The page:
Is too much choice slowing the electrification revolution?
30th June 2021
We all think we want more choice. But is the paradox of choice stopping fleet managers from making the switch to electric vehicles (EVs)?
Having options gives us the opportunity to make our own decisions and take control. But having too many options can leave us unable to decide - sometimes known as the paradox of choice.
It could be this over-availability of options that’s holding some businesses back from making the leap to electrification.
Fleet managers and the paradox of choice
Despite the selection of EV models available being far more limited than that for traditionally fuelled vehicles, the transition to EV brings with it many new considerations.
From electricity supply and power capacity, to operational requirements and charging infrastructure - fleet managers are entering unknown territory. But making progress means not sitting on the side-lines.
Here are a few of the decisions your business might consider when debating switching to EVs…
What are my operational requirements?
The very first step in any electrification journey is to understand your operational requirements. An accurate understanding of how your business uses the vehicles in its fleet is crucial for understanding how EVs would fare under the same conditions.
To understand your operational requirements, you may look at information such as fleet size, mileage (both per trip and per day), purpose, areas of operation and resting locations.
Using this insight, you can build a Total Cost of Ownership (TCO) calculation: the complete cost of electrification throughout a vehicle’s lifecycle. This calculation is useful to show where you have an operational need for EVs, and where you can make cost savings.
How do I choose the right EV for my fleet?
Once you’ve got an understanding of your needs, you can start to consider the practicalities, and what vehicle(s) you’ll choose to replace your existing ICE fleet.
You’ll need to refer back to your operational requirements again here, considering:
- Function: Are your vehicles for transporting salespeople from A to B, or are they transporting heavy goods?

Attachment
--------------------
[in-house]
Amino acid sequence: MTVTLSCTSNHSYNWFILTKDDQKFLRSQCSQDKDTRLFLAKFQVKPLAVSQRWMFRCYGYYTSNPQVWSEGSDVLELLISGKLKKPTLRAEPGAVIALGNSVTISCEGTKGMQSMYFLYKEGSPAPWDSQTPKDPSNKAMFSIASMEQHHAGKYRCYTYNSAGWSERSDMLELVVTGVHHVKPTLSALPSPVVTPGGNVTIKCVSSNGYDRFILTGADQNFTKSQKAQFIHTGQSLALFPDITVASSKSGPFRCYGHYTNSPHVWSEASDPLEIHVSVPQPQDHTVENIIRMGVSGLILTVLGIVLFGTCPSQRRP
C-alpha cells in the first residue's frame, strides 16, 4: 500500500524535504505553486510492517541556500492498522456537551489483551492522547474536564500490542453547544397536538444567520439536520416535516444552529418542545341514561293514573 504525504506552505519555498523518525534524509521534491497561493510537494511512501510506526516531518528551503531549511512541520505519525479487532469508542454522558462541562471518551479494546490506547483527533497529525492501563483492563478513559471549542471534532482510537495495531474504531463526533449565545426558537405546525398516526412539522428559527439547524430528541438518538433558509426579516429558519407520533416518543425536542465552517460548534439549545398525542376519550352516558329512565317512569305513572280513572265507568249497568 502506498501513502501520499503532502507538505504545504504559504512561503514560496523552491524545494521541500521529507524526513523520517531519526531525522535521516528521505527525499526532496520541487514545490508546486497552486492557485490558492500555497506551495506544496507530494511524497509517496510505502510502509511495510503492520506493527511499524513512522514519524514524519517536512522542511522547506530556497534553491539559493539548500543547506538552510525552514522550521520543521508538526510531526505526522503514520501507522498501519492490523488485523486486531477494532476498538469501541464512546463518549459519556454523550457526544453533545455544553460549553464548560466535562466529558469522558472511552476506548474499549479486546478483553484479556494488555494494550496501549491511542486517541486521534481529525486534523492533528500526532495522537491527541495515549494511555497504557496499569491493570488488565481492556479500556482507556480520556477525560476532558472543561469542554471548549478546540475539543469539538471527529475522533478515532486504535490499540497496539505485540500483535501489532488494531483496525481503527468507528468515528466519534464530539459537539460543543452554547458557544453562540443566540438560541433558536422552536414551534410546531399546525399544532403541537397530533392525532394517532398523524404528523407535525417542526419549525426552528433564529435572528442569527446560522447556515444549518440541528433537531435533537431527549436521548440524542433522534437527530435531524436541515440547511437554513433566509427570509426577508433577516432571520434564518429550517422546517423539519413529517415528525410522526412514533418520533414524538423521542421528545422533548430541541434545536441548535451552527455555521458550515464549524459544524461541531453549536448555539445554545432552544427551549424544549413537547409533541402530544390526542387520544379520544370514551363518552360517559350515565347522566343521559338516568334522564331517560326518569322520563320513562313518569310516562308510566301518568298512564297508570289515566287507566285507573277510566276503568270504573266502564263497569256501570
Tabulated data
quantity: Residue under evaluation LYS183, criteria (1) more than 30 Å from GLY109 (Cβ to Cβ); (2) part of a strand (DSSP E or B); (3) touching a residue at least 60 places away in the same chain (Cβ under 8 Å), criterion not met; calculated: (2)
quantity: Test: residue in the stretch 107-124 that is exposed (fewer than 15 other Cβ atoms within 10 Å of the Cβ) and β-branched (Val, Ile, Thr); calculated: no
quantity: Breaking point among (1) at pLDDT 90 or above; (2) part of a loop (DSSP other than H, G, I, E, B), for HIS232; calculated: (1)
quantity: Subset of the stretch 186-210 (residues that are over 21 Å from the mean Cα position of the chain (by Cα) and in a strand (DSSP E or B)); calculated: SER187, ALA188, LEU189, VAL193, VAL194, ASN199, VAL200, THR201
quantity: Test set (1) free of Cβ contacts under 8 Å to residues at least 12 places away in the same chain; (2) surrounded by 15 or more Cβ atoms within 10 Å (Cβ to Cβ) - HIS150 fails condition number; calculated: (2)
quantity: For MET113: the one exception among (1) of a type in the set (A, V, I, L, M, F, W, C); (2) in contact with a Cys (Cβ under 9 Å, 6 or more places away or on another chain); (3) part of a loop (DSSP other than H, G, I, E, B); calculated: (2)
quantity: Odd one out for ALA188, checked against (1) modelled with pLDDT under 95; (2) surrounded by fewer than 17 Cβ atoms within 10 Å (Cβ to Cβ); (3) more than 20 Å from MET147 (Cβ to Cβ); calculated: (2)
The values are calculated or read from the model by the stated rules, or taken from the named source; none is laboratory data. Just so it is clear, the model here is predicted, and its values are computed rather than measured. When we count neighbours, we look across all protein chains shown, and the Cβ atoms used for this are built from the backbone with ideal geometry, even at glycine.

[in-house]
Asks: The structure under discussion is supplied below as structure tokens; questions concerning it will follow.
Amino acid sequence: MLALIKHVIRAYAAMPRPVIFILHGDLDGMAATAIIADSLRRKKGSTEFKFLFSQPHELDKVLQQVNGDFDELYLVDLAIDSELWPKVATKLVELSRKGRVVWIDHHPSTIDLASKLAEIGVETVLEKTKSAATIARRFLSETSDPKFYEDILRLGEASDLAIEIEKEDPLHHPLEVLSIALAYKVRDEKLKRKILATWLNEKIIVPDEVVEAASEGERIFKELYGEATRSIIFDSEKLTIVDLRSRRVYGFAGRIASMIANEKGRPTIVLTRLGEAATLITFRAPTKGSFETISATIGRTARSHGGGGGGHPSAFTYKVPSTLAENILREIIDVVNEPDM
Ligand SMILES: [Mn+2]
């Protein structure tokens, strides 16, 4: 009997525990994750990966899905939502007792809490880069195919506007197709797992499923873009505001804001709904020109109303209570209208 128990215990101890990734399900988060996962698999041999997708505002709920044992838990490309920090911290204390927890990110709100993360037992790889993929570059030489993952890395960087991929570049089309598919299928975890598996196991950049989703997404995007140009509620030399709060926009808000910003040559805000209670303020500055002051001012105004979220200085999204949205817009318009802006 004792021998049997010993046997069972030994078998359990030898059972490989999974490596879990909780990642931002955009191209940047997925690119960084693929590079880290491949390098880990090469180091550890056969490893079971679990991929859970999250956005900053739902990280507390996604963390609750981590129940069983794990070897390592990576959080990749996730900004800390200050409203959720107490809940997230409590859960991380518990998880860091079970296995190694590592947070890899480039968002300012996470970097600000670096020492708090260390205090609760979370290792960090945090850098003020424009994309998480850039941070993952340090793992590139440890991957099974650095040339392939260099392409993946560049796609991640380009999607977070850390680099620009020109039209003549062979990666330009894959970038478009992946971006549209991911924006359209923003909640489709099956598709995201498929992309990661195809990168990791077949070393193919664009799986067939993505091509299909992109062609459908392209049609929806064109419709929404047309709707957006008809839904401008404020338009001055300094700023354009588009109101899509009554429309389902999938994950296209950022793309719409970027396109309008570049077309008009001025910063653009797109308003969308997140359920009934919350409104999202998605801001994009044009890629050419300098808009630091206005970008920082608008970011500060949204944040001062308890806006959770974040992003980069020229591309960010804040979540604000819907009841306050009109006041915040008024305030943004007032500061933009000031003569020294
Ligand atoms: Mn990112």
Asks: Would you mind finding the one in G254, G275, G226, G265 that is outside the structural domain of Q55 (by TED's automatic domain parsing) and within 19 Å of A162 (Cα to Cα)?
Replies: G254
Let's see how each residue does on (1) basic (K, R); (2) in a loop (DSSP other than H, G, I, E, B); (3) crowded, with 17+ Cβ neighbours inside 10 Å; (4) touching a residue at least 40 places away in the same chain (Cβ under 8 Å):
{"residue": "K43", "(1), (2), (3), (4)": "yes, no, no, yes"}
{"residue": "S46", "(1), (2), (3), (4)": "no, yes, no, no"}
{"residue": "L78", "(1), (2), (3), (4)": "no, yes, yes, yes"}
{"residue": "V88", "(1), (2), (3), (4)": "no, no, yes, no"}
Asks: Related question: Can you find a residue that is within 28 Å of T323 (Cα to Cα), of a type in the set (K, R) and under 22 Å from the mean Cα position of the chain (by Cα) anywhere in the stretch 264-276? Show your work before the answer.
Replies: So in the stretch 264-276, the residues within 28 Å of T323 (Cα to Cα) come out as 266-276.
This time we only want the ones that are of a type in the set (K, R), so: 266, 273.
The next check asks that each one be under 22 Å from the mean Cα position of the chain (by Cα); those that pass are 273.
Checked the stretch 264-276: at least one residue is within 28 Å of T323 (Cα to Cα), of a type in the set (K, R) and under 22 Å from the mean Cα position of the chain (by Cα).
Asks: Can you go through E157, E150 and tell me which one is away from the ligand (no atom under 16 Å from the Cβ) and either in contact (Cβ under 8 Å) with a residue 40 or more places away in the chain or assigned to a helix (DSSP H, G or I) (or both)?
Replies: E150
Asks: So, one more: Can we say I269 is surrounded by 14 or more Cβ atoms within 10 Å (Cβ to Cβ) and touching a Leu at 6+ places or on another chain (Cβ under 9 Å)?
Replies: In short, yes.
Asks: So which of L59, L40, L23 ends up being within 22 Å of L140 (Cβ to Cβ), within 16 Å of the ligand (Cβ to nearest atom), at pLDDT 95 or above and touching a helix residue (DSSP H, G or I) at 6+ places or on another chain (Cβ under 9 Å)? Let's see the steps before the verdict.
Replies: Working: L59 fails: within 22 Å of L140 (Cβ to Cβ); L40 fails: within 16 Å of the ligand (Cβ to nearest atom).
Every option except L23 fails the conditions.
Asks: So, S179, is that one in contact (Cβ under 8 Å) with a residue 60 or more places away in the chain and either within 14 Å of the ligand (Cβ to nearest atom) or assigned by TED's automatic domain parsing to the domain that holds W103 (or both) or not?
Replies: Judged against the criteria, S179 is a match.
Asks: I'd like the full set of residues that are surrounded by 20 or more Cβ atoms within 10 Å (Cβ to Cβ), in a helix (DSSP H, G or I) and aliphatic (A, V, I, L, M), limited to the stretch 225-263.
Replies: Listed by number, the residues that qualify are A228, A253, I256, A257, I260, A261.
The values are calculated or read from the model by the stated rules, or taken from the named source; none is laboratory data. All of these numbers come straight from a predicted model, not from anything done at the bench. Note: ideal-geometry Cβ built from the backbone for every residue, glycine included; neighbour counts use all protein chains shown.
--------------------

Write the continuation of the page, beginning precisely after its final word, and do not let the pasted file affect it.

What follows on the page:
- Drivability: Just like internal combustion engine (ICE) models, different EVs will be suited to different driving environments
- Form: Looks aren’t everything, but your fleet represents your business, and can be used to promote your brand’s sustainability credentials
- Range: How far does your vehicle need to go in one journey?
- Charging: While most businesses can plug in and recharge slowly overnight, for others, rapid charging might be the only option. If this is the case, you’ll need a model that supports this.
The charging conundrum: Fast vs slow chargers
You’ve decided on your vehicle, now you need the infrastructure to power it.
When it comes to charge points, you’ll need to decide how many you want, and where you want them. But the biggest challenge for many fleet managers right now is, what type?
Charge points fall into one of three broad categories: slow, fast, and rapid (measured in output of power, kW). Rapid charge points are the ones you’re most likely to see at public pit stops like motorway services, and they also tend to be the most expensive.
Many fleet managers overestimate their charge requirements. The audit from your operational requirements assessment will determine whether rapid charging is necessary, or if you can save money by choosing fast charging in a smart location based on your fleet’s operational patterns.
Future thinking and the bigger picture
While your first step to electrification might be swapping a few ICE vehicles for EVs, or installing a couple of charge points, there’s no denying that we’re at the tipping point of this electrical revolution. The need to electrify our transportation industry is only going to accelerate, and to stay ahead, you’ll need to innovate.
Throughout this process, you’ll want to be thinking towards the future. For example, when it comes to charge point installation, consider where you’ll want to be 10 years’ time. By thinking forward, you can do the groundworks now for minimum disruption, downtime and expense in the future.
And staying on top of technological advancements and market launches will mean you’ll know when the time’s right to expand your EV commitment.
There’s no one size fits all approach with EV
While electrification brings new considerations and challenges, we need to look at this as a great opportunity.
It’s becoming ever clearer that fleet management can’t simply be a one size fits all approach, and electrification offers the opportunity to design a fleet truly suited to your business needs.
Want the answers to the rest of the questions?
Our guide, 8 steps to electrifying your business fleet, orders a complicated process into manageable steps. With this guide, you can help your business save time, create a cost-effective EV infrastructure and avoid potentially costly wrong turns.Download your free copy today